Colours certainly aren't always vivid, but again this appears to be directorial preference and as such they are presented accurately and faithfully. Blacks are reasonably solid, and night-time scenes are well rendered. There are occasional, if not drastic, elements of artifacing here and there, and occasionally edge enhancement encroaches a little more than may be comfortable when watching on a large screen, although I've certainly seen far worse examples from new films.
Overall this is a solid and pleasing transfer, if not quite the stellar performance we perhaps should expect from such a recent Oscar winning movie
Disc one opens with a 'blink and you'll miss it' introduction from Paul Haggis which runs for a mighty seventeen seconds and consists of nothing but Haggis essentially saying “here is Crash”. A complete waste of time that beggars belief that someone actually bothered to set this up as an extra.
Thankfully things pick up with an audio commentary from Haggis, Don Cheadle and co-screenwriter Bobby Moresco. This isn't a vintage commentary by any means, but it's informative and contains a fine breadth of information from production anecdotes through to more serious social observations. It's perhaps a tad daunting for those not overly engaged by the feature, but it's still entertaining enough.
Rounding off disc one is a selection of trailers for other Lion's Gate material.
The bulk of the extras are to be found on disc two, which opens with 'Behind the Metal and Glass', which is a making-of featurette which, at just under half an hour in length, provides a more informative and engrossing time than your typical effort.
Following this we have 'On Paul Haggis' which is a five minute discussion with the director on how he came to get Crash onto the big screen. Although a few people appear to have issues with Haggis as an orator, I found this supplement to be an interesting, if a touch brief, appraisal of his movements within Hollywood.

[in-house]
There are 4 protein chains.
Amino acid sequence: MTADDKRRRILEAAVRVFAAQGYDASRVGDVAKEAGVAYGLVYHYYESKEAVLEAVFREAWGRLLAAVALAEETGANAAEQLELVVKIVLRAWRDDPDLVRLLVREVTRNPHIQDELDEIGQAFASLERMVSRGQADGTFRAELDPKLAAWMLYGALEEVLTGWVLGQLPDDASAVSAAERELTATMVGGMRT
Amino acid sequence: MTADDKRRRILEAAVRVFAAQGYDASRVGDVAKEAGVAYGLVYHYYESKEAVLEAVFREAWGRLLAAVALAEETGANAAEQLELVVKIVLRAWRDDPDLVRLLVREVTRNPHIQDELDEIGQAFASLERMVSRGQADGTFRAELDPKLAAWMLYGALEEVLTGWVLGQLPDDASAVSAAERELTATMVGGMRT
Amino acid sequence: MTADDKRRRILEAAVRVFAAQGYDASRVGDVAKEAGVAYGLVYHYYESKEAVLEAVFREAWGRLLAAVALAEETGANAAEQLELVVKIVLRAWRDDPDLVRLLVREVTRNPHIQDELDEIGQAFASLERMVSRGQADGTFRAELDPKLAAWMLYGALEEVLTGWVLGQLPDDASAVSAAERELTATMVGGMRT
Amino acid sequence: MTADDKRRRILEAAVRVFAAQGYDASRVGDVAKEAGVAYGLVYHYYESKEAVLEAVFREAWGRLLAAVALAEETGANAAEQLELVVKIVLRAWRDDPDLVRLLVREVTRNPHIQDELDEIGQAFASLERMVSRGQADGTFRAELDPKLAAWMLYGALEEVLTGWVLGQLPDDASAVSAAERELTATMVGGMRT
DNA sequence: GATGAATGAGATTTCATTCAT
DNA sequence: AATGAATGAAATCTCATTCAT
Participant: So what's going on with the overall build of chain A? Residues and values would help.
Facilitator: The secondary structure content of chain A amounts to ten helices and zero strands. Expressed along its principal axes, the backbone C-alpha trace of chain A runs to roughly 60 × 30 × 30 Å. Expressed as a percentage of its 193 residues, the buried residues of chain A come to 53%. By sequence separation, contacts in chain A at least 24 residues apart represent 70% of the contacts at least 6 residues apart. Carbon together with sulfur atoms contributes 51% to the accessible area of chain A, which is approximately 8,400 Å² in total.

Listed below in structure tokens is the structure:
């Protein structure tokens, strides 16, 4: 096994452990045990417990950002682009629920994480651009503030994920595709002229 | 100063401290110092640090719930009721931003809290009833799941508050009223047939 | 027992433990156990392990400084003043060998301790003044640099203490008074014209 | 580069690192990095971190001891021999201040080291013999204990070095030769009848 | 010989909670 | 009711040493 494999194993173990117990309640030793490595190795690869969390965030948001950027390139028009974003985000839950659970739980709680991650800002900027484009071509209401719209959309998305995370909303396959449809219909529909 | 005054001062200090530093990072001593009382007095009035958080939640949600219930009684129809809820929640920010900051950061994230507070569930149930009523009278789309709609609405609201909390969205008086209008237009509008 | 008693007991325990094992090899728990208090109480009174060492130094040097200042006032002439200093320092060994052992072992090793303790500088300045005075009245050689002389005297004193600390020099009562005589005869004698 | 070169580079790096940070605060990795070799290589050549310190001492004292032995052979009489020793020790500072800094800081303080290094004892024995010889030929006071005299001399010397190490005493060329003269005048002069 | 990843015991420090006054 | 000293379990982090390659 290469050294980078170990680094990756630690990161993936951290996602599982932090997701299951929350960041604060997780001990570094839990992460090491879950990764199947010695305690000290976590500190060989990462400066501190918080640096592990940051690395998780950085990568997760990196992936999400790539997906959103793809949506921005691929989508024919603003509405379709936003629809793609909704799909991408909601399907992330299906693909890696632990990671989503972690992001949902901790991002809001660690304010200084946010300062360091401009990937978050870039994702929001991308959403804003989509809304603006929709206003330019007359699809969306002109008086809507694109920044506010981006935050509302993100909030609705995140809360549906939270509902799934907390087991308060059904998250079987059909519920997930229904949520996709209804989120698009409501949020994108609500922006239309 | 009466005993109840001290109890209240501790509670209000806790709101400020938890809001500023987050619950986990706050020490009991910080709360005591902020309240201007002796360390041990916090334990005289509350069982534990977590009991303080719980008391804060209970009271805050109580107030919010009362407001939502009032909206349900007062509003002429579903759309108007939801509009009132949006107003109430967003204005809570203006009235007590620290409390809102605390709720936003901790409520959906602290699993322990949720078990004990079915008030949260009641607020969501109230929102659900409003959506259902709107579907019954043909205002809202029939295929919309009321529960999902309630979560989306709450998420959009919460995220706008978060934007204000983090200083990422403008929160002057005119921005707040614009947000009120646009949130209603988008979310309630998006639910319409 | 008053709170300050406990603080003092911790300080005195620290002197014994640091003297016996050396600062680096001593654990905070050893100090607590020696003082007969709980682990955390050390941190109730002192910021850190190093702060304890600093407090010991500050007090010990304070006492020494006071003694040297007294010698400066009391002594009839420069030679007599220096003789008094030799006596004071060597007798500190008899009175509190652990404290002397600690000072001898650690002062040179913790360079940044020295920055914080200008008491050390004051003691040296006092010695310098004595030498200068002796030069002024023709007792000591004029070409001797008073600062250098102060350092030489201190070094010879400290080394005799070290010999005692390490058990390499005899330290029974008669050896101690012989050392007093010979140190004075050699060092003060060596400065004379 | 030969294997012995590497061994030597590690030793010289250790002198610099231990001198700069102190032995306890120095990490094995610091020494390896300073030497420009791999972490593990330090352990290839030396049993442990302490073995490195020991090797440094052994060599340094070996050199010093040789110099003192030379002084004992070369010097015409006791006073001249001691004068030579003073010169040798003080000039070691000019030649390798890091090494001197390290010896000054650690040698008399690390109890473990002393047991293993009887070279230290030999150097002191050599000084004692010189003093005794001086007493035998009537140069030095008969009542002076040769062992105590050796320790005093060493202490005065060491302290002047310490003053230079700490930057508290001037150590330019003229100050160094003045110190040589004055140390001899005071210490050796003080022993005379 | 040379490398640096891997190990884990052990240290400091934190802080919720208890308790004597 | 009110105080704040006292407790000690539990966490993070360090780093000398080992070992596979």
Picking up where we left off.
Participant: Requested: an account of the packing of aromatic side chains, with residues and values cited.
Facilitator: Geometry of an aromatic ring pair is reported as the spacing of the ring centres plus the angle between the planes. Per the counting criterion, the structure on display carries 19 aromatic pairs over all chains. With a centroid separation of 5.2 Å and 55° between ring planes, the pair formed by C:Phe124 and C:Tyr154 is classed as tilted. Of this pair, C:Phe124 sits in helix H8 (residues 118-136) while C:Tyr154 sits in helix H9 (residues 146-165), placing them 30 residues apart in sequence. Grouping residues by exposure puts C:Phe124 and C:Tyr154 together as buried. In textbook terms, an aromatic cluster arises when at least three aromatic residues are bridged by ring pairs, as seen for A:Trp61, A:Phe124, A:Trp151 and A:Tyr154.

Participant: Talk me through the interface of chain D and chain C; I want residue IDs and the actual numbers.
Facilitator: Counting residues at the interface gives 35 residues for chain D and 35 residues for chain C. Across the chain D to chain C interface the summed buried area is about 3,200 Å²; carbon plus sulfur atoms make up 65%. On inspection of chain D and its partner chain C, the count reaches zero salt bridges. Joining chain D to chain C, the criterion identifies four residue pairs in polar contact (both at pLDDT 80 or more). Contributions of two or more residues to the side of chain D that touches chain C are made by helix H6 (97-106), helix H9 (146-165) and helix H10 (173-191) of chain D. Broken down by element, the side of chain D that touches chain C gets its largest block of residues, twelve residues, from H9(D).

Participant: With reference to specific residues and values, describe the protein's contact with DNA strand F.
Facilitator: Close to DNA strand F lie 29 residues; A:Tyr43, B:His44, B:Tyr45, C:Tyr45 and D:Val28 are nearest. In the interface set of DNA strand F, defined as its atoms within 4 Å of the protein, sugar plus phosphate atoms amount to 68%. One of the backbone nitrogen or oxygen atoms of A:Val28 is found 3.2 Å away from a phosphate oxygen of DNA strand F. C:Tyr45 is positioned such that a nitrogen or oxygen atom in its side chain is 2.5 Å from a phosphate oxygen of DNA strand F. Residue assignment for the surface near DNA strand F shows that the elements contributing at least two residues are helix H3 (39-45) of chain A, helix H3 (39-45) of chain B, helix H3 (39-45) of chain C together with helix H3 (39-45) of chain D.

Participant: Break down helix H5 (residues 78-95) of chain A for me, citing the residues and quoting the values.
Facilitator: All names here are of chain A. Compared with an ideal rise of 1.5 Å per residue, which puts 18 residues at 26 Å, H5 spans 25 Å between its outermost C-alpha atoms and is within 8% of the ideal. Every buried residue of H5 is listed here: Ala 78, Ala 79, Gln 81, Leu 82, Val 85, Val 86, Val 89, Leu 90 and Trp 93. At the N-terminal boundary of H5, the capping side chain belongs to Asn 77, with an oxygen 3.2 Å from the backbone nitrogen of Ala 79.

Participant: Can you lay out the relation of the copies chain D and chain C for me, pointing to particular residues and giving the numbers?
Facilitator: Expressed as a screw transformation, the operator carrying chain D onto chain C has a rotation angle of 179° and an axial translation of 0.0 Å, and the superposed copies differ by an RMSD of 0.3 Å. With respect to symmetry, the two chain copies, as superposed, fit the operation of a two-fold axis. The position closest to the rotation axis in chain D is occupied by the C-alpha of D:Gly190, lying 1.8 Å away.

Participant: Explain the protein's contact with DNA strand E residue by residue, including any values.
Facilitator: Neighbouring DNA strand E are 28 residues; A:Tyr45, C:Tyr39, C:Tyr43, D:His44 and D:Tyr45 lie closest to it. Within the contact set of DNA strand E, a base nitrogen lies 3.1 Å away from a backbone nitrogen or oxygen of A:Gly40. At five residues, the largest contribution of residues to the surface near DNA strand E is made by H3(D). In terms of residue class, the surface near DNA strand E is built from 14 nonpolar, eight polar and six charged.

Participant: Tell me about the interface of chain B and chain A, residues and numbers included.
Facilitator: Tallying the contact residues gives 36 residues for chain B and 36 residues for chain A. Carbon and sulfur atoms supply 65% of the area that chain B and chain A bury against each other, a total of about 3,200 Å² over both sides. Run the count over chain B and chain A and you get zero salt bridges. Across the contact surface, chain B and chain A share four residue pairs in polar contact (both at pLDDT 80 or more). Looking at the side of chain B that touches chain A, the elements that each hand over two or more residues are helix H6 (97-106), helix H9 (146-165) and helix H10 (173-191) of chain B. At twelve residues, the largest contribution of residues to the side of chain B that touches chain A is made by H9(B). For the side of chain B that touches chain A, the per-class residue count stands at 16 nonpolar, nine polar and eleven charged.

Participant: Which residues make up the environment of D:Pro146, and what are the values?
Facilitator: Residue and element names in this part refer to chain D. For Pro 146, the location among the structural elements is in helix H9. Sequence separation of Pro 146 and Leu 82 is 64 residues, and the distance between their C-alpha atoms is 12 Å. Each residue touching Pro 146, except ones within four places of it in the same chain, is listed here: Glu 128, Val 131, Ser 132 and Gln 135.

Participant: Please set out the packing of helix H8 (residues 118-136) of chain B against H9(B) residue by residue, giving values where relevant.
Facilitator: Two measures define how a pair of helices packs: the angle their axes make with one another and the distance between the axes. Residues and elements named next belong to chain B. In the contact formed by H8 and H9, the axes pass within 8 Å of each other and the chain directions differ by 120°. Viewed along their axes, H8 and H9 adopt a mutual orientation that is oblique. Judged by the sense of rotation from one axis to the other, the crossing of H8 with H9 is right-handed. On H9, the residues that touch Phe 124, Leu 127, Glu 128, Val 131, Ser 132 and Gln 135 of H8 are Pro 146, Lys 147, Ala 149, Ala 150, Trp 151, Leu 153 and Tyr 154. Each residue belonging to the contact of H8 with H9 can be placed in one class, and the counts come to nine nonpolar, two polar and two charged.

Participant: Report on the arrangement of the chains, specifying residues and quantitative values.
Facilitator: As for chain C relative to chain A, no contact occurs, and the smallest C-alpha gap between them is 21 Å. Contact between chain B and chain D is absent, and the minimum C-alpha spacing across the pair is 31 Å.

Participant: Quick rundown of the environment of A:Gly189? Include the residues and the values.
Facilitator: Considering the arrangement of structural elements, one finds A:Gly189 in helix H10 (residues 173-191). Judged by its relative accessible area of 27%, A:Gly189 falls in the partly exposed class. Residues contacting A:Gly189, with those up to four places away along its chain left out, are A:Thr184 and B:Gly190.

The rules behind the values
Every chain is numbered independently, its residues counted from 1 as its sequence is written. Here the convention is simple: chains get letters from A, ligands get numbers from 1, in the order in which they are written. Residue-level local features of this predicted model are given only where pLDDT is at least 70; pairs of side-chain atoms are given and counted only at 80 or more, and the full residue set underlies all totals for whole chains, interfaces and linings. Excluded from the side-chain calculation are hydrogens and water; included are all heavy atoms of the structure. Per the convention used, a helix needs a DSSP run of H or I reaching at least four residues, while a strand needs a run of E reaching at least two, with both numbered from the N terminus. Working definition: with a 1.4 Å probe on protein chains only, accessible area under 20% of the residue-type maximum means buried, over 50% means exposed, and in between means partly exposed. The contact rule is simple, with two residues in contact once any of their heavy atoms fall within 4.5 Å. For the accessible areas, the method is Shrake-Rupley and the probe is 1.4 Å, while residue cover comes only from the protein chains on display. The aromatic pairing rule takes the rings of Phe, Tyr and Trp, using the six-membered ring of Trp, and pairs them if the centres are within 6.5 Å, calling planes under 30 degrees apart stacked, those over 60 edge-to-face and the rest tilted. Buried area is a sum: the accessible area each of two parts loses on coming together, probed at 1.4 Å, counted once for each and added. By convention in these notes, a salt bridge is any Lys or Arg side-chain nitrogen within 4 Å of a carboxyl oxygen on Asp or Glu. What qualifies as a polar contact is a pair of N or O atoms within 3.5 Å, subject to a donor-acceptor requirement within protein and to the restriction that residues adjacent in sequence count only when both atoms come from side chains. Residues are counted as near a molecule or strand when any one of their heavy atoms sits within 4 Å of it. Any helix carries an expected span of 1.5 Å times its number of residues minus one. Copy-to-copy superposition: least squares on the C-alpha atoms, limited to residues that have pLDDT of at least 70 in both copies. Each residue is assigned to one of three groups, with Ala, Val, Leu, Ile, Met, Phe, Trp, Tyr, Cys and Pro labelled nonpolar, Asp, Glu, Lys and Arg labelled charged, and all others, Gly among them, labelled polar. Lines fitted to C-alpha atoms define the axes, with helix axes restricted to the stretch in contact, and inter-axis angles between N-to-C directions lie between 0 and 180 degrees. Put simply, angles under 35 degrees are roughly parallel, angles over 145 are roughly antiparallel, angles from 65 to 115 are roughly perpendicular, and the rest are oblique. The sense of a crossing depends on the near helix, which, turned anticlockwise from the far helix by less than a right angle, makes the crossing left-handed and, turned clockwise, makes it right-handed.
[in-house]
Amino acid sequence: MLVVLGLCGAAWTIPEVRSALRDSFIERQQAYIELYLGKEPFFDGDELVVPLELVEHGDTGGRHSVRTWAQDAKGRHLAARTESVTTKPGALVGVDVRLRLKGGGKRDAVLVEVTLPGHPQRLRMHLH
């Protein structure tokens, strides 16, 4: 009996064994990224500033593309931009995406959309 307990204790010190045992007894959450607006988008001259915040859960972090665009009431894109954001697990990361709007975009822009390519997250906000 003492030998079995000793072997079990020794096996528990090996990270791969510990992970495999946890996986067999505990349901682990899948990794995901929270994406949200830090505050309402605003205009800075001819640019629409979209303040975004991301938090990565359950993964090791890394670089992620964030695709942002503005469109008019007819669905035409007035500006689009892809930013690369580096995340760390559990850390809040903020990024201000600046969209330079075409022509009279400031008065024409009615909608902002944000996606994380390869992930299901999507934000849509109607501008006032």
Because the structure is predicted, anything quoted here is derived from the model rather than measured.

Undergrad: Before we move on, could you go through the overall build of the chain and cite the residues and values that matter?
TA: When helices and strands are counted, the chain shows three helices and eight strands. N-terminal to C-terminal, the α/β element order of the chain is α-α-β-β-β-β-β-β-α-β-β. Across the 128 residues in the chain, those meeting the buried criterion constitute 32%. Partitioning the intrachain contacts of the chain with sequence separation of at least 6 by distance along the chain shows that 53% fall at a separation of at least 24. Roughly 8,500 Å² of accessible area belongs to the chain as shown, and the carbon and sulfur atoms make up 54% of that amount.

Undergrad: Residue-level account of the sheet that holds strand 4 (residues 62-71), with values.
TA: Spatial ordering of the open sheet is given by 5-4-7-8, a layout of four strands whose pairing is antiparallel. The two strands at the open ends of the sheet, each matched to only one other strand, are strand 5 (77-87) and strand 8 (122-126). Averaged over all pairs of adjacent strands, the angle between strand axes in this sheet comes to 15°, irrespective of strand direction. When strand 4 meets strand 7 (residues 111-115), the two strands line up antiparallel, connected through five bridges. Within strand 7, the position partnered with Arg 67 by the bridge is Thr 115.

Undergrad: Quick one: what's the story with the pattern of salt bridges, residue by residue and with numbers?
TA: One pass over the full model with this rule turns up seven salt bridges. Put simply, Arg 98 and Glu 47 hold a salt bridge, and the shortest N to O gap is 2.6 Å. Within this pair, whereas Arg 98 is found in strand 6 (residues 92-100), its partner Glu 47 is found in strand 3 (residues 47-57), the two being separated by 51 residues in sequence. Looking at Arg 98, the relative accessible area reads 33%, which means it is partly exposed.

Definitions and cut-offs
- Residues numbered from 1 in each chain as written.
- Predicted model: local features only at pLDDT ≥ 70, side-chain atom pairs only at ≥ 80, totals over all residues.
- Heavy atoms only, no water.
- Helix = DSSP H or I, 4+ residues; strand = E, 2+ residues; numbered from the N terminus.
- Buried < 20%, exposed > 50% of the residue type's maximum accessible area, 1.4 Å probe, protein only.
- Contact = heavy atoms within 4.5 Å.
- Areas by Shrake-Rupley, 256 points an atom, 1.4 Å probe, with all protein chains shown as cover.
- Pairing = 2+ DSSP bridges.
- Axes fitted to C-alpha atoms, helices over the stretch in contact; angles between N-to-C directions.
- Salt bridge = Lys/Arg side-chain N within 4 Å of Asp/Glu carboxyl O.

Following this is 'LA: The Other Main Character' is a very interesting featurette which focuses on Los Angeles and includes contributions from both filmmakers and government workers to create a detailed look at the city in which the film is located.
'Unspoken' is yet another featurette, this time concerning the films treatment of race relation issues. Although I found the film's message a tad underwhelming, it's refreshing to see the actors involved talking eloquently and passionately about the thorny issues which influence the film.
Next up are the deleted scenes which total eight in all, seven of which contain commentary from Paul Haggis discussing why they were omitted from the final cut of the movie. The deleted scenes are a mixed bunch, some are barely altered from the final cut, whilst others are of some worth and could arguably have had a case for inclusion within the movie.
The disc is rounded off with a collection of more minor supplements. There is a script to screen comparison, and a storyboard to screen comparison, and a couple of musical additions; a video for Bird York's “In the Deep”, and also a couple of musical montages.
In terms of providing gritty realism and a hard-edged look at the racial conflicts of contemporary America, the film is somewhat of a fence-sitting letdown, lacking the courage of it's convictions to really go for the throat and masking it's lack of authority with an air of arthouse ambiguity. This aside, it's a marvellous film, beautifully staged and wonderfully acted by a superb cast. If you can look beyond it's somewhat preachy exterior, what you will find is a worthy Oscar winner.
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